United Nations officials say the International Criminal Court may seek an arrest warrant Monday for Sudanese President Omar al-Bashir in connection with war crimes in the Darfur region. The court says chief prosecutor Luis Moreno-Ocampo will submit evidence Monday alleging crimes committed in the region over the last five years. President al-Bashir is among several top Sudanese government officials that could be named in the case.
Sudan's ambassador to the UN, Abdalmahmood Abdalhaleem Mohamad, says Khartoum will continue its policy of not cooperating with the ICC, no matter who is named as a suspect: "For us," he said, "It does not exist. We are not part of it; we are not party to the Rome Statute. So like the US, which is not a member, we are not a member."
He also warned that the ICC's actions could undermine the peace process in Darfur. He said the move could bring about serious repercussions: "All options are open for our reaction to this revelation, and indeed [ICC chief prosecutor Luis Moreno-Ocampo] is playing with fire. The UN has a very constructive engagement with Sudan; they are dealing on various tracks [with regard to] the peace process and humanitarian…. The ICC is going to spoil all these things and bring us back to square one and put the security of the entire population in jeopardy. He is opening the gates of fire for the whole country and this should be stopped without any delay."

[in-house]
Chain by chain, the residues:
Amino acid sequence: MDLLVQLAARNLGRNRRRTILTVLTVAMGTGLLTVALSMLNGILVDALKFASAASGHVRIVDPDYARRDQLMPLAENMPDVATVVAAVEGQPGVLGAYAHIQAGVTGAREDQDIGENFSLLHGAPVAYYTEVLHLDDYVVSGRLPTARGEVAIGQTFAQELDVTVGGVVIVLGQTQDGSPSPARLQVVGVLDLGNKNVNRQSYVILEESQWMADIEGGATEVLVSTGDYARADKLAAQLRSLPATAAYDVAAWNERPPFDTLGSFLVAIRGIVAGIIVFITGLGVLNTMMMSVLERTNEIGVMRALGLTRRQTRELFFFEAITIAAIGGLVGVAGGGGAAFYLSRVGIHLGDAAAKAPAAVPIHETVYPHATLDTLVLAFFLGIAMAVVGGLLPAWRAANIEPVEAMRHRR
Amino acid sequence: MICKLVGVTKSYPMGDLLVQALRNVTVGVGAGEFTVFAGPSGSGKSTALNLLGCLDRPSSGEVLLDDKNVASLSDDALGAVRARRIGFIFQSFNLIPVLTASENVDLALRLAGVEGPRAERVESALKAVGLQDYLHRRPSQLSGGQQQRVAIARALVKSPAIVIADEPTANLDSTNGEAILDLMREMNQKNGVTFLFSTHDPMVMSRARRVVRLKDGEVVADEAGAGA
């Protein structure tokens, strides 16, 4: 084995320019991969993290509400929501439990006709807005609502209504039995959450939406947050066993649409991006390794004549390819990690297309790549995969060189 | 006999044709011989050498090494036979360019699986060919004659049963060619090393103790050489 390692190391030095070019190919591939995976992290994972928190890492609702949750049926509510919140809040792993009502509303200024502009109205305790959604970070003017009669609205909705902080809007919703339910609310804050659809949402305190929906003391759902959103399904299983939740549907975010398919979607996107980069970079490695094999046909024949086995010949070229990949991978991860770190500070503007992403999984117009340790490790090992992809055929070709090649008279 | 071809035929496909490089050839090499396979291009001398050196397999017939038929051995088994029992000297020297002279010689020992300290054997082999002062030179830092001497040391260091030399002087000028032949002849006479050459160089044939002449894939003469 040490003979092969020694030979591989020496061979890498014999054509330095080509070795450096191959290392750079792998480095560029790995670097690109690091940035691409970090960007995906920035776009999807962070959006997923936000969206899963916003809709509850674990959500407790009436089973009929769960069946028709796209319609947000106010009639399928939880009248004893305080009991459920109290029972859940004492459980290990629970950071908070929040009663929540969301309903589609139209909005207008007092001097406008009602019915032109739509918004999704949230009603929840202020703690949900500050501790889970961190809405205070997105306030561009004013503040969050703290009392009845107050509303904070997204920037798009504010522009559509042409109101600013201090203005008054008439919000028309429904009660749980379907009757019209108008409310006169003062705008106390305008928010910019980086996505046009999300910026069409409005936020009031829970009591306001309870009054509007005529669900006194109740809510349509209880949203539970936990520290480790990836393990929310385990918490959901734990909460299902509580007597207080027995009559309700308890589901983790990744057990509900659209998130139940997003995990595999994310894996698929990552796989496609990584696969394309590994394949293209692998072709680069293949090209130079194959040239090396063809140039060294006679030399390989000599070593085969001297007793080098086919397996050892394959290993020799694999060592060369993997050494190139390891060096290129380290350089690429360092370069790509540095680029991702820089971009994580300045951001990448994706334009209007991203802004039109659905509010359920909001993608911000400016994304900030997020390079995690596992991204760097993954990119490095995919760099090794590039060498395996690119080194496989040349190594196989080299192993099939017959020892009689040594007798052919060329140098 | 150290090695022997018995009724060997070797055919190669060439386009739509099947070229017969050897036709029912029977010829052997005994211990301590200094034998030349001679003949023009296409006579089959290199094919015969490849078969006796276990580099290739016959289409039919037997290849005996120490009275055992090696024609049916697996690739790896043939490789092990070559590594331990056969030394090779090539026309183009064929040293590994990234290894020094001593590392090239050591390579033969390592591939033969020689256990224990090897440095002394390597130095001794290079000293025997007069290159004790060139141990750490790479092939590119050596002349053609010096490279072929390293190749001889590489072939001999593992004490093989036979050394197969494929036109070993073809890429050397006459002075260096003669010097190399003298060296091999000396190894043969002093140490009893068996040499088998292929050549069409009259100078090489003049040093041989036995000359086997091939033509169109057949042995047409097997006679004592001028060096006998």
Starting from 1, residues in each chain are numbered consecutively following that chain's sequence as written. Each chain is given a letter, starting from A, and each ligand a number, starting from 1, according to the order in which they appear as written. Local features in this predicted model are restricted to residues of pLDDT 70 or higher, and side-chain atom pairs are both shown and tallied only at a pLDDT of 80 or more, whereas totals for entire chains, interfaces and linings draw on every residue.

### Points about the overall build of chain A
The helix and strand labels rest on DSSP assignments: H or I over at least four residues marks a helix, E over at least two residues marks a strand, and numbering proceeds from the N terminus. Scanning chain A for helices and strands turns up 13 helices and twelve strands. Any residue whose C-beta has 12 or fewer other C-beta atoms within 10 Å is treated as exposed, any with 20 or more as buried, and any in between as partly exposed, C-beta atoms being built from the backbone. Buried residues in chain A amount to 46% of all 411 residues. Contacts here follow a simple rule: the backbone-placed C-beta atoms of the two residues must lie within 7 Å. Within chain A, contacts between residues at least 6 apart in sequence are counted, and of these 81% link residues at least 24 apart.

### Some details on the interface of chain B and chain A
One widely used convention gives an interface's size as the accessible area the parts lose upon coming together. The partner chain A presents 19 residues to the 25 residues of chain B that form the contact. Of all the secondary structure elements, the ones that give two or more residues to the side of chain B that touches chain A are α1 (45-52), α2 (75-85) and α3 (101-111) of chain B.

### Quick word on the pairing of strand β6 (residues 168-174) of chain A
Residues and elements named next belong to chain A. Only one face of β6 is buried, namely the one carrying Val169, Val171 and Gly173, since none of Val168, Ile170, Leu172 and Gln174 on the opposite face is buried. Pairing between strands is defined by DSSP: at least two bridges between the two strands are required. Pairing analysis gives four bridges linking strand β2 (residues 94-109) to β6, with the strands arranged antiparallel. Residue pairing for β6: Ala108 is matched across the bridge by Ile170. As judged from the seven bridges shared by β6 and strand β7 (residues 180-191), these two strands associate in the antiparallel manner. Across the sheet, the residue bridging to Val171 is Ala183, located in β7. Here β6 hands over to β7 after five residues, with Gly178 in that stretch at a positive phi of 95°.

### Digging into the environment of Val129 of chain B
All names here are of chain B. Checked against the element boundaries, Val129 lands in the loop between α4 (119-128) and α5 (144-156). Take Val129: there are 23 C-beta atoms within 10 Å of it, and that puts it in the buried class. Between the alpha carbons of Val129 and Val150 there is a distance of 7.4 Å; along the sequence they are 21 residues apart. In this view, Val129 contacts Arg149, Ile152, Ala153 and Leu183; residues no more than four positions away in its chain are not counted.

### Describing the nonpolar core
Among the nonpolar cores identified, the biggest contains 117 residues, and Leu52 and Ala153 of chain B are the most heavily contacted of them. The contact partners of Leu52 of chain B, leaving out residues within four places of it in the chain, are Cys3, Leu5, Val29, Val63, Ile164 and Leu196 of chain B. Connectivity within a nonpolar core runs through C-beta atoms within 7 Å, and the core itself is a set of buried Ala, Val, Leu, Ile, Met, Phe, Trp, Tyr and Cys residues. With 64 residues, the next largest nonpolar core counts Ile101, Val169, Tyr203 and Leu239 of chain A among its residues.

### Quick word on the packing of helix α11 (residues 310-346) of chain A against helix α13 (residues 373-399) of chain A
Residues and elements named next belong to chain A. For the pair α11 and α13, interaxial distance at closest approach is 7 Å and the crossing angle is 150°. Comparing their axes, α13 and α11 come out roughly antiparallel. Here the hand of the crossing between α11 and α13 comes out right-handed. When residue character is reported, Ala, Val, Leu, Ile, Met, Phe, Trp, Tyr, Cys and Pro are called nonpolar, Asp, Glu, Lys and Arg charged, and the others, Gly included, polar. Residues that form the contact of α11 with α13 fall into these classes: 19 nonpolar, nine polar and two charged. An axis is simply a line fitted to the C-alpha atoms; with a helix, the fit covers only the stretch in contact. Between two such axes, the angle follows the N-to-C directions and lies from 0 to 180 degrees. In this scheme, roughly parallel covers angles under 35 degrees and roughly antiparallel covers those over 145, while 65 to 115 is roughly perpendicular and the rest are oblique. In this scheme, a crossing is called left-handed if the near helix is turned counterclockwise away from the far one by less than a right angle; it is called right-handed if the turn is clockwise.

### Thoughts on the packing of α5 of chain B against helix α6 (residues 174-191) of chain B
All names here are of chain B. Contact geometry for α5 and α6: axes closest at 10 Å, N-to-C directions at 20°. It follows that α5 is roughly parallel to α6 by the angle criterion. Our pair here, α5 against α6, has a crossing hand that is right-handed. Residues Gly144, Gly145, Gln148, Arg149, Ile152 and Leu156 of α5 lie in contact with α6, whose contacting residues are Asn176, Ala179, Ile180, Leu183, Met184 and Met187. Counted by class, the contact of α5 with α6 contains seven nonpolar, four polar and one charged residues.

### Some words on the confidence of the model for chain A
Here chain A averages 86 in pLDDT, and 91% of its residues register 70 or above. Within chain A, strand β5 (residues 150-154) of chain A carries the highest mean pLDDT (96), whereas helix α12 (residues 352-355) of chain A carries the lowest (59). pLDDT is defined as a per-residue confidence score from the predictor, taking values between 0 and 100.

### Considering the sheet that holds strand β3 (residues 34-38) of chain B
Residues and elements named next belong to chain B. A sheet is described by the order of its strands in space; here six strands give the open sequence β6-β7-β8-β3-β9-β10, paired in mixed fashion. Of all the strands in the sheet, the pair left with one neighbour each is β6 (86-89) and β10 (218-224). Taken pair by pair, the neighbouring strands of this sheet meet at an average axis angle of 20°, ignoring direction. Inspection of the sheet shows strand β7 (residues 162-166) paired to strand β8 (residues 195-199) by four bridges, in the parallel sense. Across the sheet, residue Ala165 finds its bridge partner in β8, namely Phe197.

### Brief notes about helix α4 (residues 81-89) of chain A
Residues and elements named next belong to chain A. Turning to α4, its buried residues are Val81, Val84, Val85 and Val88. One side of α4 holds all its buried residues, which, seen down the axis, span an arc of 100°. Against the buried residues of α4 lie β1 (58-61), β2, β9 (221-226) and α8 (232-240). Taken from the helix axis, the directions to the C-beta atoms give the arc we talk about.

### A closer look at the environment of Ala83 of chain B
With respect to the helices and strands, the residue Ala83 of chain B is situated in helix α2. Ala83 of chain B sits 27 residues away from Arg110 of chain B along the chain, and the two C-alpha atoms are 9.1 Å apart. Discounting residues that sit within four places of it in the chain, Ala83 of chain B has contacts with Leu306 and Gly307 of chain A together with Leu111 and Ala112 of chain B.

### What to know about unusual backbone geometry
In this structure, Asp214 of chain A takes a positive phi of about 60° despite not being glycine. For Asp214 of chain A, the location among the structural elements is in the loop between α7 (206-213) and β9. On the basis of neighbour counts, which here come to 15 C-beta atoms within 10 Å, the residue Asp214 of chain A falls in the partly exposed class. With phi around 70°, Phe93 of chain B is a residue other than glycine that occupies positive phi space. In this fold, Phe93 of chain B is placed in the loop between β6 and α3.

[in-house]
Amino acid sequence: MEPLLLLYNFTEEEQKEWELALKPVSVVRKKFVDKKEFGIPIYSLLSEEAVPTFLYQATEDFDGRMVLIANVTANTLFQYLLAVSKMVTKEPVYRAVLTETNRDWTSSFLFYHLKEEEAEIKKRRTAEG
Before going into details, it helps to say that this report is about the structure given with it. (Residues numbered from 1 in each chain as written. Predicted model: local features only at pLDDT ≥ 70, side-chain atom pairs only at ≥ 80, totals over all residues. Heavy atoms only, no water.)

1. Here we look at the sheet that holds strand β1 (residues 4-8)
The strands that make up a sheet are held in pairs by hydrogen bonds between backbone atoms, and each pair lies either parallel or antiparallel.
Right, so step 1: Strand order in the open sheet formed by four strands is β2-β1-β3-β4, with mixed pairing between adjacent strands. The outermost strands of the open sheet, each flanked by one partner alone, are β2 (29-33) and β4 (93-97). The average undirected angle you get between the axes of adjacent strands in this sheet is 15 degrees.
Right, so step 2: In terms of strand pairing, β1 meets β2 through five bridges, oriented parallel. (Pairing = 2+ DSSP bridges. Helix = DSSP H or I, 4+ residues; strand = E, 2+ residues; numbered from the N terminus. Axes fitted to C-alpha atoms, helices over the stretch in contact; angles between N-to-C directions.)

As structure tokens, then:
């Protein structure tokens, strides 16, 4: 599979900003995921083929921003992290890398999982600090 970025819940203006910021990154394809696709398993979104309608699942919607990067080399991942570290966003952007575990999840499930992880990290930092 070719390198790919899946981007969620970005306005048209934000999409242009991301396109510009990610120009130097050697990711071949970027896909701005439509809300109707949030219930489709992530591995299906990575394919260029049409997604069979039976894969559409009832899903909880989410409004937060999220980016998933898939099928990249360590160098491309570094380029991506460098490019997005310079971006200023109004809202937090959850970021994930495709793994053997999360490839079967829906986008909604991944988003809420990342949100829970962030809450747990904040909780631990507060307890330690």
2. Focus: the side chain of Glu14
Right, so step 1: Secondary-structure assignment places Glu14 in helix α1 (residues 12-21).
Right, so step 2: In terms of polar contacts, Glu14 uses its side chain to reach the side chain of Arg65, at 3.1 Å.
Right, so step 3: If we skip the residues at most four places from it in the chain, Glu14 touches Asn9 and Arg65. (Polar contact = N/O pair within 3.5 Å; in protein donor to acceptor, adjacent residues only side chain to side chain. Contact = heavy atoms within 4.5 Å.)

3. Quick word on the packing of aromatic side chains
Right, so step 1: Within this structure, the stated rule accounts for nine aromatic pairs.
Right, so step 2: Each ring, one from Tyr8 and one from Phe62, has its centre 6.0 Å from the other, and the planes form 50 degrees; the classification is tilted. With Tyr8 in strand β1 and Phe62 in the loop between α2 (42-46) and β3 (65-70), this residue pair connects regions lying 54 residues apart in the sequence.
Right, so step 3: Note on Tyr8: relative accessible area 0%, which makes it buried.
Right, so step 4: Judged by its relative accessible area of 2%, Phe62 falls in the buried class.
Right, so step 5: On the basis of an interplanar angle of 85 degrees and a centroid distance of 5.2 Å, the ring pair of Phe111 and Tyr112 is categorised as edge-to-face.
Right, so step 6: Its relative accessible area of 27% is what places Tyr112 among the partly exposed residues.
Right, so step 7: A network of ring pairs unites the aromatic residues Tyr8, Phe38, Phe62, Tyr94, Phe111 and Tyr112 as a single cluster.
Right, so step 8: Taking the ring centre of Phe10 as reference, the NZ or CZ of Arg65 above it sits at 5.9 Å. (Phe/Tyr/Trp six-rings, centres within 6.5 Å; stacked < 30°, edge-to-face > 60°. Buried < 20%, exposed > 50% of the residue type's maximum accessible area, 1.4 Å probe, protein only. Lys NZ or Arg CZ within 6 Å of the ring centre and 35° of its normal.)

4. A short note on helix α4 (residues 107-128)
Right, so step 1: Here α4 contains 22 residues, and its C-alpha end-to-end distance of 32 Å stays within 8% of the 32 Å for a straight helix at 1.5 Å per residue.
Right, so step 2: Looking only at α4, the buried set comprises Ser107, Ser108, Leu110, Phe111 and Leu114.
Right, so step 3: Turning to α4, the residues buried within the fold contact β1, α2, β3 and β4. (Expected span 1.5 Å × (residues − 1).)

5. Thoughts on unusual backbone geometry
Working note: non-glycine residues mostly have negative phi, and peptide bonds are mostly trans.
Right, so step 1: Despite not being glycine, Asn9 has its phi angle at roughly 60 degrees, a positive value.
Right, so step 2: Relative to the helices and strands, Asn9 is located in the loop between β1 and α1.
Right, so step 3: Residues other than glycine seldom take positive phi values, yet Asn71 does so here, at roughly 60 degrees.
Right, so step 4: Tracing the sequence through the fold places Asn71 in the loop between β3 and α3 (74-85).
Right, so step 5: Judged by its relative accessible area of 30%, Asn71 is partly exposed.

When asked if the move would endanger UN peacekeepers in Sudan, Ambassador Abdalmahmood said, "The Sudan government is careful to its commitment. The UN also promised to guard against any threat to this commitment. The UN should also play a role in safeguarding this cooperation and partnership. The Sudanese government is not at all hostile to the United Nations. [The UN staff and peacekeepers] are the guests of the entire country but if there are any threats to security and stability of the country we are all in one boat. The entire country would suffer, not just one group here and there.